By 1929, Frank Whittle had conceptualized the turbojet engine. The 1930s, however, proved challenging as he sought financial support and interest from the British Air Ministry. It was not until May 15, 1941, that the Whittle W1 jet engine, housed in the Gloster E.28/39, made its maiden flight. Whittle's jet engine is marked as one of the greatest contributions in aviation history.
Born in Coventry, England, Whittle attended the Royal Air Force College and subsequently became an instructor and test pilot while pursuing alternate means of producing higher speeds at greater altitudes. In 1930, he applied for a patent for his turbojet engine, and it was granted in 1932. In 1936, Whittle received limited private financial support and Power Jets Limited was formed. Five years later, his engine made its historic flight.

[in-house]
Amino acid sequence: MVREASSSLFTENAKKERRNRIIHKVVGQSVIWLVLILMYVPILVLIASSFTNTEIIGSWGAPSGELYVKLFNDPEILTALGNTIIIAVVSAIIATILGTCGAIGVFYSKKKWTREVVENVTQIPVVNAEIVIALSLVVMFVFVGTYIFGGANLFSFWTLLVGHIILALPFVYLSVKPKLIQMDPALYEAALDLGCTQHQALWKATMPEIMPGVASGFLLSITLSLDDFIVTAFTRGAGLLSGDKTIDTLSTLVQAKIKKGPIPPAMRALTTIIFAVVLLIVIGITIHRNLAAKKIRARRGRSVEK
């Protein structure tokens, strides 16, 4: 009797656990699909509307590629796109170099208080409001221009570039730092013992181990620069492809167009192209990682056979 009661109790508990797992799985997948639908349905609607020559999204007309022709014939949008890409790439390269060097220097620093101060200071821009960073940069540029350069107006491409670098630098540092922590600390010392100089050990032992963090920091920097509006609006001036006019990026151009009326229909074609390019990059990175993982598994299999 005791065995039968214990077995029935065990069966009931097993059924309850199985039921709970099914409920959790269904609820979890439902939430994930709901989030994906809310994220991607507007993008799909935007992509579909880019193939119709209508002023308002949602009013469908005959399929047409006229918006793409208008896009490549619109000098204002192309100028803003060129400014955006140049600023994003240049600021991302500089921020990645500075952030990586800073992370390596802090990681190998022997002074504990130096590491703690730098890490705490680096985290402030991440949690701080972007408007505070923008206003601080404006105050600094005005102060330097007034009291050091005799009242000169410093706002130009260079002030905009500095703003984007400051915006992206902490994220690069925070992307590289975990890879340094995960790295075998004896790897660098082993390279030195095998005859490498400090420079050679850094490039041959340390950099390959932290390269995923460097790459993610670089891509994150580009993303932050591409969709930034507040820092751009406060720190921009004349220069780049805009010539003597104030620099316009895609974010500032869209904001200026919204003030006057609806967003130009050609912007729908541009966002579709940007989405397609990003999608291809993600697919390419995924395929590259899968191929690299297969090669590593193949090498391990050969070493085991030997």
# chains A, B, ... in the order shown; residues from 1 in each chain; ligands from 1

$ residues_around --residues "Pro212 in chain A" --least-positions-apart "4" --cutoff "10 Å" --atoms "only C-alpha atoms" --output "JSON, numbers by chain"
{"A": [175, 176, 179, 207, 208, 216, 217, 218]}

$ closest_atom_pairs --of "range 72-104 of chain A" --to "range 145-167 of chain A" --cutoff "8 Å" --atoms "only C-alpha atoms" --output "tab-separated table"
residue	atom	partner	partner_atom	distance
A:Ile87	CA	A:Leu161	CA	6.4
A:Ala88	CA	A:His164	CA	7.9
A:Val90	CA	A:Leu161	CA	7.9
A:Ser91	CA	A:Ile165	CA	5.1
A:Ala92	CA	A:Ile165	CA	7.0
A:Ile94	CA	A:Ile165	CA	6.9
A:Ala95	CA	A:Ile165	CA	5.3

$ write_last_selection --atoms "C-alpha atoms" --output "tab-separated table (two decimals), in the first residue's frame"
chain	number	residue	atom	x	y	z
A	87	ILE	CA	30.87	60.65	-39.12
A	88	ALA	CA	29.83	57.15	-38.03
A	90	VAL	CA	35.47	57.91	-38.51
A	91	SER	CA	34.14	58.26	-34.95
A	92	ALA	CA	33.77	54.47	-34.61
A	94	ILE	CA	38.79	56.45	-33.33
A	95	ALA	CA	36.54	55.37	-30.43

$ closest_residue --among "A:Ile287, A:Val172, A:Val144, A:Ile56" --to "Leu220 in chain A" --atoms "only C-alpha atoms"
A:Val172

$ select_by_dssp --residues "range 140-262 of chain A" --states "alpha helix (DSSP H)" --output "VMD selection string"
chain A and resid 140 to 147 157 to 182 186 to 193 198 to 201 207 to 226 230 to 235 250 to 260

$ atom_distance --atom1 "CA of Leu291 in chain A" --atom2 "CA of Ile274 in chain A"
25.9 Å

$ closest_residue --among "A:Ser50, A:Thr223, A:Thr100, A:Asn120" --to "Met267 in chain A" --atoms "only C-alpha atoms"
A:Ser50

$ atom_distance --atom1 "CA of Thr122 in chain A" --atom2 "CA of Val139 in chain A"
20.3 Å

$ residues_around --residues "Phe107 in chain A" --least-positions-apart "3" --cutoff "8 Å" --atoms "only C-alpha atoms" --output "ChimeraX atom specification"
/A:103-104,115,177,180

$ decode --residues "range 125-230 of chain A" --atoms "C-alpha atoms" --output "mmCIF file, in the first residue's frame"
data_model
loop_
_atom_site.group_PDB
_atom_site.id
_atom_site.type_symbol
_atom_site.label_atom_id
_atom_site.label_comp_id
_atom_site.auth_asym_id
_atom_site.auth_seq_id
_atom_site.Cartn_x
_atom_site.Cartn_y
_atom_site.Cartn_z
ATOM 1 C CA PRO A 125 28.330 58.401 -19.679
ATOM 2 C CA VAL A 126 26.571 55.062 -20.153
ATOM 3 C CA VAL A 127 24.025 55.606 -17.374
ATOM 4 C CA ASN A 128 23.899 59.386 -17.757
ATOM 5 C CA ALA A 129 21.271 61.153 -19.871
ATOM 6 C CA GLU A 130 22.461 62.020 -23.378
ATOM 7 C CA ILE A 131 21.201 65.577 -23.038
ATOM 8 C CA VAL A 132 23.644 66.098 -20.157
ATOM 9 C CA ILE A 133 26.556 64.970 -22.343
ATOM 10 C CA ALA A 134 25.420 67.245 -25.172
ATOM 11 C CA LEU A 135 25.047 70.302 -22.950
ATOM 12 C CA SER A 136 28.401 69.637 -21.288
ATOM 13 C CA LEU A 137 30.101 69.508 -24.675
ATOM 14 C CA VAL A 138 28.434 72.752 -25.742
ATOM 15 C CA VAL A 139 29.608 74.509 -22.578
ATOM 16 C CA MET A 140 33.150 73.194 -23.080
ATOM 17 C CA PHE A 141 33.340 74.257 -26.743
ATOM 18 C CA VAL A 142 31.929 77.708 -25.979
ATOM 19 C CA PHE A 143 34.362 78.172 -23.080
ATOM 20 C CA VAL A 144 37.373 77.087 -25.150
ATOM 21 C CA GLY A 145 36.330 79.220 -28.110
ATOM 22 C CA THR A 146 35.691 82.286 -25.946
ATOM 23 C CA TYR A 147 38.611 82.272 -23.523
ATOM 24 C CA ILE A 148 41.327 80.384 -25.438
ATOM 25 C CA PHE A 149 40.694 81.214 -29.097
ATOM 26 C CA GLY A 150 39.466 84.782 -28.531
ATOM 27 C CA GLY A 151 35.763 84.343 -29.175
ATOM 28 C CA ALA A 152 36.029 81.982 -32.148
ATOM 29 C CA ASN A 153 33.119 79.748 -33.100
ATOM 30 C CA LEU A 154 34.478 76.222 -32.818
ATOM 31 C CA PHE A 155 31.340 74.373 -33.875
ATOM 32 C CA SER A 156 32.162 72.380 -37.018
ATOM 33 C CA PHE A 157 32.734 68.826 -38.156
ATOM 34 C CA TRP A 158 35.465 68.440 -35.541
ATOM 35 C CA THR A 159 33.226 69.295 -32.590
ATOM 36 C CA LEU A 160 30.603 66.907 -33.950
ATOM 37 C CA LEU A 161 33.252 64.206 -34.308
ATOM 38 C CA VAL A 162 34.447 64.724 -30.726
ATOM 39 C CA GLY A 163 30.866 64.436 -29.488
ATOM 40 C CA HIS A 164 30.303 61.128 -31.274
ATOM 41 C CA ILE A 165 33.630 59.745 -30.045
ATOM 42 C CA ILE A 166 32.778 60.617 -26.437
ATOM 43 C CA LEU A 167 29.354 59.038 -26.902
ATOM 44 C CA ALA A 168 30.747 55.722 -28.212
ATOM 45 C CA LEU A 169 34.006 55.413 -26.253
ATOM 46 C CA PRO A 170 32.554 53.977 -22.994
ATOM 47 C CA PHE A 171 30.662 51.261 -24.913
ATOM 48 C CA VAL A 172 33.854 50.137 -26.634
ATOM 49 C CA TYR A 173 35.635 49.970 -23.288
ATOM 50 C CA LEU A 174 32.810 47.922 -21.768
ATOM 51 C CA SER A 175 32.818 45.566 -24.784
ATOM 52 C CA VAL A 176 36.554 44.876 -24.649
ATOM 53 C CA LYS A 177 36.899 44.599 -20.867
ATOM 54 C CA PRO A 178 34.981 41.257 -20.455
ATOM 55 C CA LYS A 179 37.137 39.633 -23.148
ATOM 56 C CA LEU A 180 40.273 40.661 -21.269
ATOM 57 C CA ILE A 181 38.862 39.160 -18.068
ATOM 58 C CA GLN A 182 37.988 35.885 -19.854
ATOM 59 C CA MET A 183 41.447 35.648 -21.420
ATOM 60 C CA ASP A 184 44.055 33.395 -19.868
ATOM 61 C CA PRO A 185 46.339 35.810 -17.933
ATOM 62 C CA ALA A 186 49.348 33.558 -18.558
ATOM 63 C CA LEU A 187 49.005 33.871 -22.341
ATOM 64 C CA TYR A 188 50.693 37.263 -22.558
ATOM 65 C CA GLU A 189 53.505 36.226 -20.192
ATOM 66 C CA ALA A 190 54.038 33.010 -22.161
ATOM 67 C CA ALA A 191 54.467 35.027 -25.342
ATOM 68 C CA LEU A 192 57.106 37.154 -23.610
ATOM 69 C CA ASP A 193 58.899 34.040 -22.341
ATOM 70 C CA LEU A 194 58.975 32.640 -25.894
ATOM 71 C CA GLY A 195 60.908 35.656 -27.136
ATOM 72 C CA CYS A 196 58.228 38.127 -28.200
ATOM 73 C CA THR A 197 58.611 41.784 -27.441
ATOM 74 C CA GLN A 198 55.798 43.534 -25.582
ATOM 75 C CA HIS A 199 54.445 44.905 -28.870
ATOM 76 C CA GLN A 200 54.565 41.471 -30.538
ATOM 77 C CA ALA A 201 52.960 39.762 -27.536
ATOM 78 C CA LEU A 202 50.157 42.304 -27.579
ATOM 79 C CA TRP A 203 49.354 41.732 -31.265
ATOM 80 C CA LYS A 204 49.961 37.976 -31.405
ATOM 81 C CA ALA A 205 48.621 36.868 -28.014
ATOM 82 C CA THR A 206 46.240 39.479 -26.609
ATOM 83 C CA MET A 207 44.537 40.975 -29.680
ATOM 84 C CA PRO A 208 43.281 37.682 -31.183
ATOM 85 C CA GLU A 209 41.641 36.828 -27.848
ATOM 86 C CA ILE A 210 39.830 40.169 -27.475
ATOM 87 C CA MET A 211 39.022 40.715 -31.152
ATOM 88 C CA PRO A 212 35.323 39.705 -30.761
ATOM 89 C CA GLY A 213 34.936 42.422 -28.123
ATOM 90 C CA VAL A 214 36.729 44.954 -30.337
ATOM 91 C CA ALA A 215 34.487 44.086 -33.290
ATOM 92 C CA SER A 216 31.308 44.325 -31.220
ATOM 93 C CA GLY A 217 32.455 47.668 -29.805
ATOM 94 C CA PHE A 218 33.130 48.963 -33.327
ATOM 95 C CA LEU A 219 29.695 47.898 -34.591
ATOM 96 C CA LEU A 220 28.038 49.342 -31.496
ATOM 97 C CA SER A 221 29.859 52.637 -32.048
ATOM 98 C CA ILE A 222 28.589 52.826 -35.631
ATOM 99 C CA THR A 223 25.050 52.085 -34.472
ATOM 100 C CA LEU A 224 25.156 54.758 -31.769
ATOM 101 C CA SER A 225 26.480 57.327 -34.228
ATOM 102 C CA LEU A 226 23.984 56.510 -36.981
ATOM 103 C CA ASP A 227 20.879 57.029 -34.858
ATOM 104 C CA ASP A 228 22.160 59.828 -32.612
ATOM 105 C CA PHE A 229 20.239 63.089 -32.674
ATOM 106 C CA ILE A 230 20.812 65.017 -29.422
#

In 1976, he moved to the U.S. where he became Naval Air Systems Command Research Professor and from 1979, Adjunct Research Professor, U.S. Naval Academy. Whittle's vision and determination changed the aviation industry and was recognized with awards, including the Charles Stark Draper Prize and the Guggenheim Medal. Whittle was knighted by King George VI in 1948.